2. To enlist the cooperation programmes between North African societies and the European societies with bilateral exchanges in radiodiagnosis and interventional radiology.
3. To understand what North African radiologists can bring back to the table for European radiology.
4. To propose a plan for the promotion of collaboration between North Africa and ESR.

Interlude 2: Enjoy the difference between Arabic and European music
The WHO's programme in Africa: the past, the present and the future
M. d. R. Perez; Geneva/CH
Learning Objectives

1. To present the WHO's role, objective, core functions, structure and where/how radiology fits into them.
2. To explain the WHO's programmes in Africa and the place of radiology and radiologists in the context of the current priorities in the global public health agenda.
3. To understand the WHO's views about radiation protection in Africa.
4. To present the WHO's radiology programmes/activities in Africa. What has been done? What is currently being done? What is planned in the future?

Panel discussion: Radiology in Africa, reality and dreams
G. Frija1, L. E. Derchi2, H. A. Gharbi3, D. Husseiny Salama4, S. Vinayak5, E. Niang6, L. Rezgui Marhoul3, M. d. R. Perez7, B. Mansouri8, K. M. Naidu9; 1Paris/FR 2Genoa/IT 3Tunis/TN 4Cairo/EG 5Nairobi/KE 6Dakar Fann/SN 7Geneva/CH 8Algiers/DZ 9Cape Town/ZA
Conclusion (part 1)
L. E. Derchi; Genoa/IT

Challenges to African radiology are great, but even more significant are the opportunities for growth facing radiologists in this continent. As a matter of fact, the end of this session “ESR meets Africa” is just a beginning. From here reciprocal knowledge and reciprocal cooperation must start, aiming at a strong commitment to excellence and safety and increased availability and use of Radiology worldwide, and especially in Africa.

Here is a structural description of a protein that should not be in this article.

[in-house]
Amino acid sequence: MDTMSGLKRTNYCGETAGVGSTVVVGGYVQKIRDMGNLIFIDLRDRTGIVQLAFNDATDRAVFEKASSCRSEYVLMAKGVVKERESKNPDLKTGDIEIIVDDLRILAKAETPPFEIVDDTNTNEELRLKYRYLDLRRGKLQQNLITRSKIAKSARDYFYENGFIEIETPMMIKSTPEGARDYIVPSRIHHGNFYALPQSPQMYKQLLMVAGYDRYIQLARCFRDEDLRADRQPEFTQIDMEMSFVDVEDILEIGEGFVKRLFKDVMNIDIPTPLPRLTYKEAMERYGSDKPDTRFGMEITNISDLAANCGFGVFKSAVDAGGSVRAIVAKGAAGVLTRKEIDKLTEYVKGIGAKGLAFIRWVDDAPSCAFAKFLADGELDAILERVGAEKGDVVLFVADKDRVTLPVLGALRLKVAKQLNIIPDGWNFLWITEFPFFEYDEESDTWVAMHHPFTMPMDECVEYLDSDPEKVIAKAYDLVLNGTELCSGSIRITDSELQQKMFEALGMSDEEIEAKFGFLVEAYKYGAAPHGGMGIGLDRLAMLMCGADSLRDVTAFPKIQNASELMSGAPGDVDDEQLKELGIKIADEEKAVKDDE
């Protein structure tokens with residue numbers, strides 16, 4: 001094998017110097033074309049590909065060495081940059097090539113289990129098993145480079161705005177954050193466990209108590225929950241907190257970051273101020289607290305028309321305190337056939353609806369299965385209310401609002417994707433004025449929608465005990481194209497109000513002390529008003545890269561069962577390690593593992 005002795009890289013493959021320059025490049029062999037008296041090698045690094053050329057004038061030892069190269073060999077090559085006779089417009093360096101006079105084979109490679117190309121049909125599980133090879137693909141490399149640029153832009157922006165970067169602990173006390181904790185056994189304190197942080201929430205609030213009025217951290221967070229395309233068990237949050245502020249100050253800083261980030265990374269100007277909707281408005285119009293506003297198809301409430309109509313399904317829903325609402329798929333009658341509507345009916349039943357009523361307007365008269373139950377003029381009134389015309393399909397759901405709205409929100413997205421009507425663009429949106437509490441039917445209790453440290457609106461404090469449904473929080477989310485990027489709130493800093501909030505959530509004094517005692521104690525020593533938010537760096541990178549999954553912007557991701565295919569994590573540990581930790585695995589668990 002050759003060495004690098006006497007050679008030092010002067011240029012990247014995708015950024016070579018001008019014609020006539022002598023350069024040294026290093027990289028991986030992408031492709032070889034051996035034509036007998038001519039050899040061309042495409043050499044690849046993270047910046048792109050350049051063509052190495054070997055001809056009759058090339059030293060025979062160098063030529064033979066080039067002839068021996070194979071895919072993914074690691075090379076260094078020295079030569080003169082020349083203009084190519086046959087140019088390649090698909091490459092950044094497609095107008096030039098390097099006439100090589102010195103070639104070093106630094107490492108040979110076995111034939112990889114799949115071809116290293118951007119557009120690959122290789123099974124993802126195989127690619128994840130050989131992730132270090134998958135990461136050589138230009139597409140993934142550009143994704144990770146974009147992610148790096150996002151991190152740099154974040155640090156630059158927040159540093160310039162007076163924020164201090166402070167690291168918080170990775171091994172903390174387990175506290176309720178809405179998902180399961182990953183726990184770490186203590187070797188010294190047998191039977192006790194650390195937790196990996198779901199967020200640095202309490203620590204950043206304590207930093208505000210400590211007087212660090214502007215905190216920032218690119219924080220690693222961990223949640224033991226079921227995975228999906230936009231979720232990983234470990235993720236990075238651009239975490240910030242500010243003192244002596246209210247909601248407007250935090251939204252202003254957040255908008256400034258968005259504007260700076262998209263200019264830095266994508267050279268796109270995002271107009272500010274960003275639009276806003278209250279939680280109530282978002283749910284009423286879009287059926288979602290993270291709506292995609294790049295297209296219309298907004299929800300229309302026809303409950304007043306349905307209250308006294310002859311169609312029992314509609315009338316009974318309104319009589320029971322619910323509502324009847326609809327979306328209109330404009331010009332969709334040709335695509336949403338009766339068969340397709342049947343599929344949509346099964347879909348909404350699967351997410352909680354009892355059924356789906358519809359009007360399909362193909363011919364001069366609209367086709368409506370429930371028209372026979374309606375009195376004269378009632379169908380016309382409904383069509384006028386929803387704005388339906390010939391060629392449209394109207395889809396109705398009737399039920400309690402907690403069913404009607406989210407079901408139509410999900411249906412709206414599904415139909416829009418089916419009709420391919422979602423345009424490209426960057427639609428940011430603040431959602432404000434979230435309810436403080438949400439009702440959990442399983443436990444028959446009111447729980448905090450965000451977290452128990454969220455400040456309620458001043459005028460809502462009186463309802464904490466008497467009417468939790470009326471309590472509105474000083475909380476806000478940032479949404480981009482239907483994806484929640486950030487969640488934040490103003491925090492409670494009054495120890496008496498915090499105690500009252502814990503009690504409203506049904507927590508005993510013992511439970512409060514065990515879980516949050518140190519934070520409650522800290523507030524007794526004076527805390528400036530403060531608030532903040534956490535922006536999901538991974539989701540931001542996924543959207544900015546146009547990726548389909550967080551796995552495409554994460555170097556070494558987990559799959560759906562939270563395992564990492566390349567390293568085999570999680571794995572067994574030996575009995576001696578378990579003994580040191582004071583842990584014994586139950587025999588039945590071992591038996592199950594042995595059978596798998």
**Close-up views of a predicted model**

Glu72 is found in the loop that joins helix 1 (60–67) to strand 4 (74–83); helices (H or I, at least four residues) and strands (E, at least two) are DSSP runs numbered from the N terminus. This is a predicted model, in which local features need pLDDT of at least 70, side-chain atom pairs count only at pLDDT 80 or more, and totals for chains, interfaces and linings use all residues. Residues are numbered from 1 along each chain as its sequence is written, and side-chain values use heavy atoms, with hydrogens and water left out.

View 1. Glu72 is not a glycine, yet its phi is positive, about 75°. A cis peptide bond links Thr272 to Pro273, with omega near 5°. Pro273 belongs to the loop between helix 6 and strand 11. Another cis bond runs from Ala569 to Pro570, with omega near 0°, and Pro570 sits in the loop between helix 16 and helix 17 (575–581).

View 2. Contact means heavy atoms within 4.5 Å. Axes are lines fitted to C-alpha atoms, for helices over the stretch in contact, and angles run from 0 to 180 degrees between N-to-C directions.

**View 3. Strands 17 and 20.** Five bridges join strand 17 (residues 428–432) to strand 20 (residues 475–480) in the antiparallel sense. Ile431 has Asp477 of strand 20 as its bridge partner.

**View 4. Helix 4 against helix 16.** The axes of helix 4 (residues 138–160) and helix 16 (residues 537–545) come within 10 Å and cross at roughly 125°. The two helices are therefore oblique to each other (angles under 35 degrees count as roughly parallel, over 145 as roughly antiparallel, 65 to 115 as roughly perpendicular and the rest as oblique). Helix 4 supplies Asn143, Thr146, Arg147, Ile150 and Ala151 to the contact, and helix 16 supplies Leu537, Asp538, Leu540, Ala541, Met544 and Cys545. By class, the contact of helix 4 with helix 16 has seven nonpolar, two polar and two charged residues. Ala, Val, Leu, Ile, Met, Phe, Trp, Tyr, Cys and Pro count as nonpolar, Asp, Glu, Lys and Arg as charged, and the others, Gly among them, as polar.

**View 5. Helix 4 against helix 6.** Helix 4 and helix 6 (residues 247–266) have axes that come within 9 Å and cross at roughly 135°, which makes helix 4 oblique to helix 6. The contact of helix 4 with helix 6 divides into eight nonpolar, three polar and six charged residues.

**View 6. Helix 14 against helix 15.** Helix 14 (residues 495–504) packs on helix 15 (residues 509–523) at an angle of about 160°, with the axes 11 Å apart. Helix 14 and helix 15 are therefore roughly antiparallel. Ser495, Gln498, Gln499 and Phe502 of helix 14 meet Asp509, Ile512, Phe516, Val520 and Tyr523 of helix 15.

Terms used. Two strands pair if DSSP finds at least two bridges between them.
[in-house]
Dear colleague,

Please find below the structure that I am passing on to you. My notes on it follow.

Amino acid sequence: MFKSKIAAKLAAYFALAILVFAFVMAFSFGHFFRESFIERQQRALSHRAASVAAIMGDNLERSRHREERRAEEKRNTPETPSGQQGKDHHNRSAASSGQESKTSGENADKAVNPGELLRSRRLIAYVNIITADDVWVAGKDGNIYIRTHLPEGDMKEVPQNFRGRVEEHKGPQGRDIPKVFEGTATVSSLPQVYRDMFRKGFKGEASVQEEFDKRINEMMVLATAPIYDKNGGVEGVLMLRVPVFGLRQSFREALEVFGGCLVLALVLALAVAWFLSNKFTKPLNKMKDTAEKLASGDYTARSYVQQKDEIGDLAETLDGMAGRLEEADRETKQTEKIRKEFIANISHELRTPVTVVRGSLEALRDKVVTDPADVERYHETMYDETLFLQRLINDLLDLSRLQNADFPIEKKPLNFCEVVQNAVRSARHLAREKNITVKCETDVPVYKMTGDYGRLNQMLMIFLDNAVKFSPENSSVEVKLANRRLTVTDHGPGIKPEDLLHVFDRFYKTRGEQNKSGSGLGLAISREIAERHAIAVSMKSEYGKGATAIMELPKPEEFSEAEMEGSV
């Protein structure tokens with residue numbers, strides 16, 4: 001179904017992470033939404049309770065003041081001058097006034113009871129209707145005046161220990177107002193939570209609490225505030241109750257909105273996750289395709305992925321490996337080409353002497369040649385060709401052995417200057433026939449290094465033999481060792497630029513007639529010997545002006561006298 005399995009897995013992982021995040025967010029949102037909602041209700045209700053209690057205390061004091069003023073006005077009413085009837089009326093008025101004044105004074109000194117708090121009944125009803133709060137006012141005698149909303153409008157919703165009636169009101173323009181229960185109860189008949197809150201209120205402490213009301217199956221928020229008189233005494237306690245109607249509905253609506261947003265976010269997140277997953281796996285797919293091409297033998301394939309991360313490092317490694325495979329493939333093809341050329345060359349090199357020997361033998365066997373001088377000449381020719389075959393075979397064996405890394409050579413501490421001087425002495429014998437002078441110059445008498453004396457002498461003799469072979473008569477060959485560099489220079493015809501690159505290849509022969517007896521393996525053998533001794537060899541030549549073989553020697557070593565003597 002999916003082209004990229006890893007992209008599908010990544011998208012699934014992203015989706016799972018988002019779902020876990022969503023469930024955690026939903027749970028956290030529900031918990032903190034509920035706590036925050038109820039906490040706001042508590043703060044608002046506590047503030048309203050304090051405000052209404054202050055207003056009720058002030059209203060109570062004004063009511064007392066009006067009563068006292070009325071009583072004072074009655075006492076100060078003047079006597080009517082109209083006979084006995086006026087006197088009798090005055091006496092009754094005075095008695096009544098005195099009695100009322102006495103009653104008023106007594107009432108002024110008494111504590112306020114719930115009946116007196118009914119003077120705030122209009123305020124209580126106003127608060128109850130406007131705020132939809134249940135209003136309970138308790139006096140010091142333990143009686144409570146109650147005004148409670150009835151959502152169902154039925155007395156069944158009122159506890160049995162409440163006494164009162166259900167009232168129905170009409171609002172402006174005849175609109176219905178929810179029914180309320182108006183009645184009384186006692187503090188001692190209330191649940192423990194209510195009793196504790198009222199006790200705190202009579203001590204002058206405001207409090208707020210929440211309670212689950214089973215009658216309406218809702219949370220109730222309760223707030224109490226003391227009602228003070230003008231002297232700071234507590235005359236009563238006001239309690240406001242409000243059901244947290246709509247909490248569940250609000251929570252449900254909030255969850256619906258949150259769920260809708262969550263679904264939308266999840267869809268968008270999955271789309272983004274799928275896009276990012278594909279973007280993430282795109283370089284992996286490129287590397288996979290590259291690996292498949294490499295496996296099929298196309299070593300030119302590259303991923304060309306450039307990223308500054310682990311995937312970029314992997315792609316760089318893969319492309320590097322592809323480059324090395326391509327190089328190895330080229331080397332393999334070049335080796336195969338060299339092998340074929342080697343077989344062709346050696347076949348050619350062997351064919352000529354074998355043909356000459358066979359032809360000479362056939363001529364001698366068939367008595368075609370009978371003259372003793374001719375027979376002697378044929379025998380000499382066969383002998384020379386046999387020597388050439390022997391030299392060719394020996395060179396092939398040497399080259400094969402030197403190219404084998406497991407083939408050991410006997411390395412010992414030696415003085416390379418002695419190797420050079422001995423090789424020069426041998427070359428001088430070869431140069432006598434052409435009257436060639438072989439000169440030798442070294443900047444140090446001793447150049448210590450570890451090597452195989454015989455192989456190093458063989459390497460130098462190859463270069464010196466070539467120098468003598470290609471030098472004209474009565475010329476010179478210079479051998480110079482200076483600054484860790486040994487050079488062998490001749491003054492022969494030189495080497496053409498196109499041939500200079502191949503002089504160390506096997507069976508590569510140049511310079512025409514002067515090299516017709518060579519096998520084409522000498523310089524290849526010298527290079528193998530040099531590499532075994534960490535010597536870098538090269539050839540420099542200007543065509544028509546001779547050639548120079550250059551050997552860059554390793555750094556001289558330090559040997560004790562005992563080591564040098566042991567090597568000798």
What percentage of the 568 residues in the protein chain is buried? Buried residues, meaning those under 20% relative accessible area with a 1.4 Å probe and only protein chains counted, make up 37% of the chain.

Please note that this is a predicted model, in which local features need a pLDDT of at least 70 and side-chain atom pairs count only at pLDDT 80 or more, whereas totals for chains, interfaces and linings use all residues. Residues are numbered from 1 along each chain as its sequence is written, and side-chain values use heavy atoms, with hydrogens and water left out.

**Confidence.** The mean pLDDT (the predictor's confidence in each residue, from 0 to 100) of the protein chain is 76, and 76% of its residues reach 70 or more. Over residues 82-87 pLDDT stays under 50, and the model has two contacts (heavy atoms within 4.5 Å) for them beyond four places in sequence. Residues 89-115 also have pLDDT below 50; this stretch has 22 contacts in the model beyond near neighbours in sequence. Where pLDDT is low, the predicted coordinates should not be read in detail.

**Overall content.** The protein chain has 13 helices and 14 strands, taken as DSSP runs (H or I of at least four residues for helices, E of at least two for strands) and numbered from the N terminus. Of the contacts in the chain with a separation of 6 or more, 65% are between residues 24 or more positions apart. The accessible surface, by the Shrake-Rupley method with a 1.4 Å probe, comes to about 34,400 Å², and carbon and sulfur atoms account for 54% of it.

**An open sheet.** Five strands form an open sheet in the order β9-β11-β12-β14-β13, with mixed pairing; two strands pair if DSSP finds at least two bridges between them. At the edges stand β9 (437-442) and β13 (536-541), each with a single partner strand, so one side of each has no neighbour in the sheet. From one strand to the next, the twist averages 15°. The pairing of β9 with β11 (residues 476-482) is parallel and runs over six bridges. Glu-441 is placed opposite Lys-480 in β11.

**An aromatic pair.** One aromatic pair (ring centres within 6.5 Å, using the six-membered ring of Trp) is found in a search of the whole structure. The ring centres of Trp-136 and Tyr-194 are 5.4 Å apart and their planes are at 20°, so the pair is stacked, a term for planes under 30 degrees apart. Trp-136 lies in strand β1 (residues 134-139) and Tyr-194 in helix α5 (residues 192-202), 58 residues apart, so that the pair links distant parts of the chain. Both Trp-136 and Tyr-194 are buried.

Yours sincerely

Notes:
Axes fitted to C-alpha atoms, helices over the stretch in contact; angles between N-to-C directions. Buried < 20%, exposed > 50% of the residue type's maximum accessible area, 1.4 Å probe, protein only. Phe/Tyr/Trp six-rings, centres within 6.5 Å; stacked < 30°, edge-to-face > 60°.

Conclusion (part 2)
H. A. Gharbi; Tunis/TN

Africa is a veritable mosaïc of 54 different countries
with a population of more than 1.200 Million inhabitants, making up 16% of the
world’s population. The diversity of mosaïc is multifaceted. There are variable
socioeconomic levels with GNPs ranging from less than 500 USD, in Somalia to
more than 38000 USD in the Equatorial Guinea. There are many different cultures
and languages, but fortunately English, French, Arab and Portuguese, and internet
facilities are widespread, adapted and efficient means of communications.

The impact study of medical imaging on the diverse
continent is very difficult because:

- No official complete statistics are available in all
the countries

-The medical imaging market is often very disorganized

-There are enormous differences between the different countries
and even between different regions in the same countrie. The number of
radiologists varies from less than one radiologist for one million of inhabitants to more than 80 radiologists
per one million inhabitants

We can divide the radiological situation in Africa in
2 regions

-The North including Egypt, Tunisia, Algeria and
Morocco and South Africa where the situation is more or less acceptable

- The center including 49 countries and 75% of the population where
the situation require an urgent solution

In fact, the needs are everywhere and require more or
less the same solution from the European Society of Radiology, training,
collaborating programs but Radiation Protection
rules must be established and respected, so we can guaranty an efficient and
good development of the Radiology